First, Sharron “earned media” Angle refused to do any interviews in which she could not hawk her website—a tactic that seems to have worked. Witness her $14 million third quarter haul.

Then, Christine O’Donnell, not exactly media shy during her late ‘90s Politically Incorrect appearances, began giving national outlets the runaround, leading to this interesting write-around in the New York Times magazine. (Notably, O’Donnell’s now trying a different tactic, featuring in a This Week all-eyes-on-Delaware feature on Sunday).

In New York, we’ve had Carl Paladino tussling with the New York Post’s Fred Dicker at the Sagamore Hotel, in an incident now known as the Sagamore Smackdown.

And now, Alaskan senate hopeful Joe Miller, the Last Frontier’s own Tea Party-backed, establishment-slaying candidate, is one-upping his southern friends and making headlines for his own unique brand of media avoidance.

The Alaskan papers have the story. This was the lede that ran in a close-to-home Alaska Dispatch online report Sunday:

Alaska Dispatch founder and editor Tony Hopfinger was grabbed and handcuffed by a private security detail working for U.S. Senate candidate Joe Miller on Sunday while trying to ask the Fairbanks Republican questions following a town hall meeting at Central Middle School in Anchorage on Sunday.

Hopfinger was reportedly pressing Miller on whether the candidate had ever been reprimanded for politicking while working at the Fairbanks North Star Borough in 2008. Alaska Dispatch and other media have sued for the release of records related Miller’s time at the borough. Various accounts of what happened next generally agree on this course of events:

• Two or three bodyguards told Hopfinger to stop asking questions and to leave the building.

• Hopfinger continued to ask questions while apparently videotaping the candidate.

• Bodyguards told him that if he persisted they would arrest him for trespassing, but refused to identify themselves to Hopfinger.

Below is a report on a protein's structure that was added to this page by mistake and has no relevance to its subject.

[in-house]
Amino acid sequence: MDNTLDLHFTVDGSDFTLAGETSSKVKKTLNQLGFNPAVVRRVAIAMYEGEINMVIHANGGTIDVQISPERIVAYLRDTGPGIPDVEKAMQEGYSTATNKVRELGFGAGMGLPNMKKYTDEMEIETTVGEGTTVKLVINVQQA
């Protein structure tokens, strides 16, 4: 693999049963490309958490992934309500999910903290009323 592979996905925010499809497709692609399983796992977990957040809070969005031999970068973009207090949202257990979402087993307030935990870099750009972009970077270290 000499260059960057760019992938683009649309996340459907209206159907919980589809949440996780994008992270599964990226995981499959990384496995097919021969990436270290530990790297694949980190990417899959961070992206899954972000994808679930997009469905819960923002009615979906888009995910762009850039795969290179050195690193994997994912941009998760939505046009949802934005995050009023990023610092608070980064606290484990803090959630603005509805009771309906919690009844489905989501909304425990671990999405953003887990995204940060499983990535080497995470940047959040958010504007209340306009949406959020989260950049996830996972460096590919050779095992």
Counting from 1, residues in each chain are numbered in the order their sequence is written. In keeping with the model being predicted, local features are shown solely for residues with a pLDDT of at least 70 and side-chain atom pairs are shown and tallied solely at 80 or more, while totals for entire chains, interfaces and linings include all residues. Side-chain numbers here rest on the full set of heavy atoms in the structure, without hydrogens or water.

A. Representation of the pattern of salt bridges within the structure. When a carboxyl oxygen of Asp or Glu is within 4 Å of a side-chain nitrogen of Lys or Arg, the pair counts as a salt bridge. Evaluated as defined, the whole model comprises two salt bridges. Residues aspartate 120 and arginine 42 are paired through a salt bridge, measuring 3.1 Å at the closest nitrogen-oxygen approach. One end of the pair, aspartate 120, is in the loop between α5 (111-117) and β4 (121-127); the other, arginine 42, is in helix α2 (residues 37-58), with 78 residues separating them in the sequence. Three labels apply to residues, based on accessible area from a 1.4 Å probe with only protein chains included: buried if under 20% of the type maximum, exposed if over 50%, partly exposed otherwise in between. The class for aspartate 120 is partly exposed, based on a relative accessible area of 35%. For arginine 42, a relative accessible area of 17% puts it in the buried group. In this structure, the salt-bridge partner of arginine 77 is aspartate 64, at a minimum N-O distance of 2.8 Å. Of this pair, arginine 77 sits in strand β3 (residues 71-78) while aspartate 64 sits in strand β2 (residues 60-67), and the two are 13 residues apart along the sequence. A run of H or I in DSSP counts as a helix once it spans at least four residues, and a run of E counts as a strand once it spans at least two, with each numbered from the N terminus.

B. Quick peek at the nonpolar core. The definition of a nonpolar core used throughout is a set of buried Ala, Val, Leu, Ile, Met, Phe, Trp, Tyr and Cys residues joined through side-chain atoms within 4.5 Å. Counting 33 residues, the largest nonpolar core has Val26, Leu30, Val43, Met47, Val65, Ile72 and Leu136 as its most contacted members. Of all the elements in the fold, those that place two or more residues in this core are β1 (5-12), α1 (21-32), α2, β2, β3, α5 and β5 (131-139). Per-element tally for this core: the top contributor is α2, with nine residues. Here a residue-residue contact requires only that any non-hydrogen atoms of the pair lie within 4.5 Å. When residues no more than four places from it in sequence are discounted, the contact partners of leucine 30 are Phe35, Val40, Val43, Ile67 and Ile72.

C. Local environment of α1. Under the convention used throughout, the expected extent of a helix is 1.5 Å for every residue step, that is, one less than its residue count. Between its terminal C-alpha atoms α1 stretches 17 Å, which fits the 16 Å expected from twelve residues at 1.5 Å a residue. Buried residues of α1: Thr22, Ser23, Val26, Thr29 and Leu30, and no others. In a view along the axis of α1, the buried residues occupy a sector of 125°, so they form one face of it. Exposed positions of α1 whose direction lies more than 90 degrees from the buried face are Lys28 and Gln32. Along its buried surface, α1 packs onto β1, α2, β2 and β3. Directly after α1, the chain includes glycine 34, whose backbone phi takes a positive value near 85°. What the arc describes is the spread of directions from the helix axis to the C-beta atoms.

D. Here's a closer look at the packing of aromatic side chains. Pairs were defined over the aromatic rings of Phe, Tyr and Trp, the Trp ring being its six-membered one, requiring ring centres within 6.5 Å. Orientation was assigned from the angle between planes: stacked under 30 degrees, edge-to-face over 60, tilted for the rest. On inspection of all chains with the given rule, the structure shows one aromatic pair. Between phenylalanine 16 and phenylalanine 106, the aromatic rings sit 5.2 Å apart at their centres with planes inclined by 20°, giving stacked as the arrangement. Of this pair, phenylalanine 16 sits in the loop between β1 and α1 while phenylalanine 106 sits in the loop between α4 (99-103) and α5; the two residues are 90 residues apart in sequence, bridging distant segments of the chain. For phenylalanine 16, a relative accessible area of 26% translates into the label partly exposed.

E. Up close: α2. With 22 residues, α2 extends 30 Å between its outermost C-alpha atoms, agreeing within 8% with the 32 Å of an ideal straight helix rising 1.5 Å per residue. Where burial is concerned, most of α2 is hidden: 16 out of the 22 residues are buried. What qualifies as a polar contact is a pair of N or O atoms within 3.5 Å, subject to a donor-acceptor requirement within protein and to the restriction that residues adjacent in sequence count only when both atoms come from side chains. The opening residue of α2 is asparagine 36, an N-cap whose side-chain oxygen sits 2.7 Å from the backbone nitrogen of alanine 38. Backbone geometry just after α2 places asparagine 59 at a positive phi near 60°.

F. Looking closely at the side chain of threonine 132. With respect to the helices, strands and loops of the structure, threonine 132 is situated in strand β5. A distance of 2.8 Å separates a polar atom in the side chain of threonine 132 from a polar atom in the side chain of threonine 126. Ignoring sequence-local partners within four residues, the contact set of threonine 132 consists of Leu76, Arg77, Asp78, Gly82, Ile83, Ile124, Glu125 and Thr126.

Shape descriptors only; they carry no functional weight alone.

• Hopfinger asked why he was trespassing, as the event was at a public school. Seconds later, he was then put in arm-bar and later handcuffed and sequestered at one end of a hallway for at least 30 minutes. He was told, “You’re under arrest.”

• Anchorage Police arrived on the scene shortly after.

Later, the paper reported more fully on the security team that had done the handcuffing:

William Fulton from Dropzone Security Services said Hopfinger should have known from the “Joe Miller for Senate” signs outside Central Junior High School that the town hall meeting — to which Miller invited citizens on the internet sites Facebook and Twitter — was a private event.

“They leased it for a private event,” said Fulton. “It wasn’t a public place.” That, he said, gave him the legal authority to tell Hopfinger to leave, then grab him and handcuff him when he didn’t do as told.

The Anchorage Daily News spoke to Hopfinger while he was handcuffed:

Hopfinger said he had in his hand a small video camera, called a “Flip.” He was trying, he said, to get an on-camera interview with Miller. In the process of following the candidate, Hopfinger added, he was getting pushed into by people who were crowding the hallway.

It was at that point, Fulton said, that Hopfinger “shoulder checked a guy into a locker.”

Fulton did not know the name of who was “shoulder checked.” It wasn’t one of our guys,” he said. “It could have been anyone. (But) I saw that shoulder check as being violent.”

A pot-bellied and overweight writer, Hopfinger wasn’t sure what a “shoulder check” is when asked about it. He said the only person he remembers touching is Fulton. Hopfinger said he put his hand on Fulton’s chest to try to push the former soldier back.

Joel Meares is a former CJR assistant editor.